September 1, 2020
Date: 1 September 2020
Source: Sydney Morning Herald
Author: Tom Rabe
Photo credit: Peter Braig
Two new metro lines through Sydney’s south-east, including one linking Kogarah to Randwick, would be built under the NSW government’s long-term strategy for the region.
The government’s South East Sydney Transport Strategy indicates the Sydney Metro West would be extended from Green Square in the inner-east to Malabar or La Perouse, with stations at Randwick and Maroubra.
The Randwick stop would also intersect with an east-west line to Kogarah, with stations proposed for Eastlakes, Sydney Airport and Brighton-le-Sands.
The document outlines a plan for the La Perouse Metro to be built by 2041, while the Kogarah line is slated for 2056. Both would be subjected to business cases and investment decisions, the report says.
The document, dated August 2020 and described by Transport for NSW as a blueprint, is the most concrete evidence of the government’s planned metro expansion in the area, University of Sydney lecturer Geoffrey Clifton said.
“It’s been a line on the map for many years, this is the first indication that it’s been taken seriously,” Dr Clifton said.
“The planning process obviously has to go through a lot of steps, but it’s mostly about having the government will and the finances.”
Transport Minister Andrew Constance said the government was “thinking big”.
He pointed to recent projects as evidence multibillion-dollar infrastructure was possible for Sydney.
“People never believed Metro would happen, but this government is getting on with the job of building Australia’s biggest transport project,” Mr Constance said.
The report says it aims to link all south-east Sydney residents to an employment hub within 30 minutes, but adds it would be costly.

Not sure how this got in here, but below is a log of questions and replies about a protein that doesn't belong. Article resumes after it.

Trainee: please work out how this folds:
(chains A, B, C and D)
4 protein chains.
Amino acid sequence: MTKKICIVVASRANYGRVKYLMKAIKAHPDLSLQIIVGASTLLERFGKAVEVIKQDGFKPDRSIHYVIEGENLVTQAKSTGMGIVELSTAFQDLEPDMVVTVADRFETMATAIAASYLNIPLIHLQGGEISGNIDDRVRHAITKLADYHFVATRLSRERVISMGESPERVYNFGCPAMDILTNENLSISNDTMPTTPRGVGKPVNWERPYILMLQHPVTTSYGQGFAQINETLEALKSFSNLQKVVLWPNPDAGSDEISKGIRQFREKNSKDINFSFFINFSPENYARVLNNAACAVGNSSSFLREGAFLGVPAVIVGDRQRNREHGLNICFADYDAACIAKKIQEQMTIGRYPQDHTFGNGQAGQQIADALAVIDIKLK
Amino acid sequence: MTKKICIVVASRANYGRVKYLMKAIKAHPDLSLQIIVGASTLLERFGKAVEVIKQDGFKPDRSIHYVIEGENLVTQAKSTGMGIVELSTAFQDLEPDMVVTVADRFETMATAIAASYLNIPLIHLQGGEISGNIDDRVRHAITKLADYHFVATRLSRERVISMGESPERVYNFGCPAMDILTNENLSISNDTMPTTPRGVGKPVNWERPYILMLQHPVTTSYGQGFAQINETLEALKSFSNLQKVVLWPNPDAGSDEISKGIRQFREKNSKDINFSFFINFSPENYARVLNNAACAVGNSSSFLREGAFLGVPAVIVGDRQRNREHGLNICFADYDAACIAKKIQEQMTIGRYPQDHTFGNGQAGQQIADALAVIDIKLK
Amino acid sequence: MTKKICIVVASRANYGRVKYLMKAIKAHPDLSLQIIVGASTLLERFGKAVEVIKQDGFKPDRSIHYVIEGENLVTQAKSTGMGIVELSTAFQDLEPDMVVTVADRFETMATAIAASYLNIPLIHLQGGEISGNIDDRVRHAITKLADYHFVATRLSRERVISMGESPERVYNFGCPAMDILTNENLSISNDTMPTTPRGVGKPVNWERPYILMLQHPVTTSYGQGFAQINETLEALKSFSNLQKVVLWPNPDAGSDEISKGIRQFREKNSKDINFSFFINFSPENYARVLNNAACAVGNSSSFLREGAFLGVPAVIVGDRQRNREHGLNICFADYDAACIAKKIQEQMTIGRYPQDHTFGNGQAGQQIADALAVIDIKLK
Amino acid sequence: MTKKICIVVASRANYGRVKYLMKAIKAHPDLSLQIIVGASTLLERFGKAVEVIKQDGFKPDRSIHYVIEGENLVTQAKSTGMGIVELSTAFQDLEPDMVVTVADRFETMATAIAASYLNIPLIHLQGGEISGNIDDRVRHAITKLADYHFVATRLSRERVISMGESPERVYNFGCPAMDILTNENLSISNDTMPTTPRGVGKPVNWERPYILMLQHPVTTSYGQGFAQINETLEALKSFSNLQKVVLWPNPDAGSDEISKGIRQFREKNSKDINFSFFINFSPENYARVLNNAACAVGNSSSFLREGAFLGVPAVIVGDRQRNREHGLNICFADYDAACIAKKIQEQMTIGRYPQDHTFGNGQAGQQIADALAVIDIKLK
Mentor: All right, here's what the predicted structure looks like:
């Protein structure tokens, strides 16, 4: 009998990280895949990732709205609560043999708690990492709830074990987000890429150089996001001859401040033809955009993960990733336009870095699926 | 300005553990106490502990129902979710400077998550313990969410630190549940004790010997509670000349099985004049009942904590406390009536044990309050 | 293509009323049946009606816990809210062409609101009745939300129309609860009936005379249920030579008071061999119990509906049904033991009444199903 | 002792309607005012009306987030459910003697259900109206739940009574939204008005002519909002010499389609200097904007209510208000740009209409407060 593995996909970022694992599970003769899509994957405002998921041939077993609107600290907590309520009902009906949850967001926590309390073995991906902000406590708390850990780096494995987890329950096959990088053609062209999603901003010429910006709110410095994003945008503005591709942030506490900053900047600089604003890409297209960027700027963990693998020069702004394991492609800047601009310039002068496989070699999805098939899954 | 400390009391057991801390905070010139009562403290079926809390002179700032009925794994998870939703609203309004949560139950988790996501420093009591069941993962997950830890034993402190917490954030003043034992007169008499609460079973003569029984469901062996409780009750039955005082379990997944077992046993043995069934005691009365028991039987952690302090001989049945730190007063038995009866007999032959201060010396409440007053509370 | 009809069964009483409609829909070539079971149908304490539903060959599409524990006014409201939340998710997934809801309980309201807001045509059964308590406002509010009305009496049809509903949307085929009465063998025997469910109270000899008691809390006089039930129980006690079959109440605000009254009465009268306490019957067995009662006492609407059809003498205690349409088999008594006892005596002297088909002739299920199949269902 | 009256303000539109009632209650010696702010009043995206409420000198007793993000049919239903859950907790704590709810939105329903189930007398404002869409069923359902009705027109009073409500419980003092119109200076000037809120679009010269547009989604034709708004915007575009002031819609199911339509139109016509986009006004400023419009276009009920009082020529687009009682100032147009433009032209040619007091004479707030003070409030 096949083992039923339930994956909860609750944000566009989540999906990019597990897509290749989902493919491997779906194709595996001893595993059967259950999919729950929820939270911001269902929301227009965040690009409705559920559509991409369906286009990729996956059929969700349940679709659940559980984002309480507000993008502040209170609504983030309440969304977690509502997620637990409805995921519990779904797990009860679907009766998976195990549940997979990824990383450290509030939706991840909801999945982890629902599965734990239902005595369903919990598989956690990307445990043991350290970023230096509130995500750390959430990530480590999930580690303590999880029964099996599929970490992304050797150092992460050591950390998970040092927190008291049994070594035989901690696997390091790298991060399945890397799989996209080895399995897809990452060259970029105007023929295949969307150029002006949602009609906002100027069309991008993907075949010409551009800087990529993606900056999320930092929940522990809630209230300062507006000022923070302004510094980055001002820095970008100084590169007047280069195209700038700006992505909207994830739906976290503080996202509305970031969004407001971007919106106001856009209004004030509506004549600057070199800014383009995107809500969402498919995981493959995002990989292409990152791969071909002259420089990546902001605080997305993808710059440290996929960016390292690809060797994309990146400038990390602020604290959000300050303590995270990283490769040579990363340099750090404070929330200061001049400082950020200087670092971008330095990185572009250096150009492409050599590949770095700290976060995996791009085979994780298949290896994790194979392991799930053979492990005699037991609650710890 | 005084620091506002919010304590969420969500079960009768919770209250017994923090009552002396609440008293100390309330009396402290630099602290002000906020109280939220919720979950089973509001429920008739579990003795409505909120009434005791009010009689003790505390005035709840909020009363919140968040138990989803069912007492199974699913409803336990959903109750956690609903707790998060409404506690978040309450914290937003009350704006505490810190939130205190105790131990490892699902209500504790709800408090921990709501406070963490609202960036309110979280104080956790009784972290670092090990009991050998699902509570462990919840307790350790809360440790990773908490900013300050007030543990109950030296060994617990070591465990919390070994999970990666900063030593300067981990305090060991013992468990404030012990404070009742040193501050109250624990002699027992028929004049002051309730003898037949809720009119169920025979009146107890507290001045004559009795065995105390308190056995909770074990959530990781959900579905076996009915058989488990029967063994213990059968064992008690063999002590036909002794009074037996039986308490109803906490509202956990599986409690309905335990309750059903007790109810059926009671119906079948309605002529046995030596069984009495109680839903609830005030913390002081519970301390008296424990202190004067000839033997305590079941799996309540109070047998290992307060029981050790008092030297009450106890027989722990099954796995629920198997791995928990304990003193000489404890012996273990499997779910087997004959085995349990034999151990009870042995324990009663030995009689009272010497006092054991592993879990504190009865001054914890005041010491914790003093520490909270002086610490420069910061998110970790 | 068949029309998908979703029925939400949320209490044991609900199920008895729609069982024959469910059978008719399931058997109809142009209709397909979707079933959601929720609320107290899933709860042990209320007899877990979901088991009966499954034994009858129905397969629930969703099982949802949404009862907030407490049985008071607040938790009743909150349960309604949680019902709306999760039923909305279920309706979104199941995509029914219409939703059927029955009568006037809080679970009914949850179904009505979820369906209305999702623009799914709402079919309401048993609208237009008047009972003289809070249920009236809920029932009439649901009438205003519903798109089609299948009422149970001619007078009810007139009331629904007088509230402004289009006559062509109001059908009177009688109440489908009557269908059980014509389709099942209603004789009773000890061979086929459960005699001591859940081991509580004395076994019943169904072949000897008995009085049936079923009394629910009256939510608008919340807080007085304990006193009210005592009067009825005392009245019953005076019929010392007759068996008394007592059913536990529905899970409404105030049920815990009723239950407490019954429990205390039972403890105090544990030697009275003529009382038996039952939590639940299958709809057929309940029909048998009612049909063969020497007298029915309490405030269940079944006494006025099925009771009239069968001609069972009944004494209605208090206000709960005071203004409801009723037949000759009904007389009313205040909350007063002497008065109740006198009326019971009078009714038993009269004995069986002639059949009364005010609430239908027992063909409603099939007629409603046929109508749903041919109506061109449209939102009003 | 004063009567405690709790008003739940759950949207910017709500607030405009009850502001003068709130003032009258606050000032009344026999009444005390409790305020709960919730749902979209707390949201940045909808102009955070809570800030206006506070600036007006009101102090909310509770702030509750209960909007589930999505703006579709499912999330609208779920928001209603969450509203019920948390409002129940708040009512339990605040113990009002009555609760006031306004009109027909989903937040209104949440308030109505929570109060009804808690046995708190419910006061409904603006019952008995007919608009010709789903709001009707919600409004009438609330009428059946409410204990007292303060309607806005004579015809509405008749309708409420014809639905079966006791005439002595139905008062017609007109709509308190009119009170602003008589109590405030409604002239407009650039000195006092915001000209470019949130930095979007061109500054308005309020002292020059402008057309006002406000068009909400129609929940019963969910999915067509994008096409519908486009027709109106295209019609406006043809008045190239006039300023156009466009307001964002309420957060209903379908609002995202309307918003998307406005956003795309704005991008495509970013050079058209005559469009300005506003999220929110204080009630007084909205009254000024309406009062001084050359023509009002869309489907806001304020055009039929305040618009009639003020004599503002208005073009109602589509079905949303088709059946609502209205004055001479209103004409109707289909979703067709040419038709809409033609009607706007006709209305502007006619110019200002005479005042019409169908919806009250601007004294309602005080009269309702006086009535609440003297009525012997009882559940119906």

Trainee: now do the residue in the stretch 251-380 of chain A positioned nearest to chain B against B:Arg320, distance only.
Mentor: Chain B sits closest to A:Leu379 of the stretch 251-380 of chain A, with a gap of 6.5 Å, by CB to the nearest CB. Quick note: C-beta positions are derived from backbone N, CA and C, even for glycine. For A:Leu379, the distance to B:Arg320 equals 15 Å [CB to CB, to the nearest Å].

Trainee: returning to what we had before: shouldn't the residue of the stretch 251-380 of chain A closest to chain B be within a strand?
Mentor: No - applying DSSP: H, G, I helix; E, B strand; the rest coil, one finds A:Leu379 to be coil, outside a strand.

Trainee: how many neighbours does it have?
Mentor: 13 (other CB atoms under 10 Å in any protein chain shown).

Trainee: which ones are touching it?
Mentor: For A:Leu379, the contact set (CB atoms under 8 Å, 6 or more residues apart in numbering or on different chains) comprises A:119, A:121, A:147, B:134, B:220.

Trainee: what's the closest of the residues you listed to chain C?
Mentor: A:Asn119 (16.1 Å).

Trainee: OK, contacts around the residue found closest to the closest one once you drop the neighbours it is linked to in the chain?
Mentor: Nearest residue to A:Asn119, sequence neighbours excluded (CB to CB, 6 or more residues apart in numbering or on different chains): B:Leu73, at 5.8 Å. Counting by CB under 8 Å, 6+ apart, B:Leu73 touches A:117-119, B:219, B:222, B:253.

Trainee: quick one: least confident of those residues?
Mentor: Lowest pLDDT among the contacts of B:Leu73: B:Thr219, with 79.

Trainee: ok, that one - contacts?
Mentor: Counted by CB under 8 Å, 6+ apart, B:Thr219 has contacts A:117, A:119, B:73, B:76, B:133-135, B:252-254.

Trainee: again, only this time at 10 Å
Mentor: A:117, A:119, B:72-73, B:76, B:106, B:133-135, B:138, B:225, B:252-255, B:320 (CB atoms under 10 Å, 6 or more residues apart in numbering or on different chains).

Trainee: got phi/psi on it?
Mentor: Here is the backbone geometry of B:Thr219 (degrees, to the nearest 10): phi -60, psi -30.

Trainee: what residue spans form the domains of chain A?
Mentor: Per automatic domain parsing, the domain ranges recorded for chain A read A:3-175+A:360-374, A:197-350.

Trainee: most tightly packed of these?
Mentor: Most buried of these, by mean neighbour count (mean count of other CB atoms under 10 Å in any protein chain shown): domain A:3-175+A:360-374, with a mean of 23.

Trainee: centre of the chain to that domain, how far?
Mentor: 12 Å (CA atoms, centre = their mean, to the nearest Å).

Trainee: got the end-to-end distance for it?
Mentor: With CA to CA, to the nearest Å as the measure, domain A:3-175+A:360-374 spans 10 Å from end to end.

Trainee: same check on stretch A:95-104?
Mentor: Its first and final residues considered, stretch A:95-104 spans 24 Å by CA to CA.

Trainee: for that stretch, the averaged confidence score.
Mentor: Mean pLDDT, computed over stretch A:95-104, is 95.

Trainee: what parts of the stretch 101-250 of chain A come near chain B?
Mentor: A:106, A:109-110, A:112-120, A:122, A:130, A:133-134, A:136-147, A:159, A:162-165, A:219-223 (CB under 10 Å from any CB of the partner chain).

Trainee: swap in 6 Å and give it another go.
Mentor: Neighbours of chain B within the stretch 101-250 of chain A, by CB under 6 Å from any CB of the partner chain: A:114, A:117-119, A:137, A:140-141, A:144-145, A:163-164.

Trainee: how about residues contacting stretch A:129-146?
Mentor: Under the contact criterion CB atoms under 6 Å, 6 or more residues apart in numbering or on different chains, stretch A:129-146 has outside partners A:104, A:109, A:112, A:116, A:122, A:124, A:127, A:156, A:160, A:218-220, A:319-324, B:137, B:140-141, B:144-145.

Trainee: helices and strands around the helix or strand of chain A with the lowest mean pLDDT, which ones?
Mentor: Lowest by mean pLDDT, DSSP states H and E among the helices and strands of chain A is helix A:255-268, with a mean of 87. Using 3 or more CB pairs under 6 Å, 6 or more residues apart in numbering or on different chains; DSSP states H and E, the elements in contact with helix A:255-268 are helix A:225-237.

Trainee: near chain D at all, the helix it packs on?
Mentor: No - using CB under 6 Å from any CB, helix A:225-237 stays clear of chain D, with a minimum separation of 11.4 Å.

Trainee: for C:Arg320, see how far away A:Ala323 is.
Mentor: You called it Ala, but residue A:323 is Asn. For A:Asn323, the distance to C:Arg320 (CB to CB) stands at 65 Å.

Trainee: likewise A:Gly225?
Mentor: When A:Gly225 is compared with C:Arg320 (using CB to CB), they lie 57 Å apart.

“There is a need to maximise project benefits and support the economic case for investment,” the document says.
The Metro City and Southwest, linking Chatswood to the CBD and onto Bankstown, is slated to cost more than $16 billion. That’s due to be completed by 2024.
Dr Clifton said the cost would probably be the ultimate hurdle for a government commitment, adding that much of the south-east would need to be developed to justify some of the transport hubs.
“If it is to go ahead then there will of course need to be more development around the area which may not be as popular,” he said.
Aside from the two metro lines, the document also proposes eight rapid electric bus routes through the region, a Sydney Gateway extension to Port Botany and a new bicycle network.
Committee for Sydney chief executive Gabriel Metcalf welcomed the public and active transport proposals.
“Metro is a hugely important infrastructure project and it’s really encouraging to see plans for more routes and stops in the south east of the city,” Mr Metcalf said.
Mr Metcalf added that the blueprint did not appear to show any plans for stations between Central and Green Square, nor between the University of NSW and Maroubra.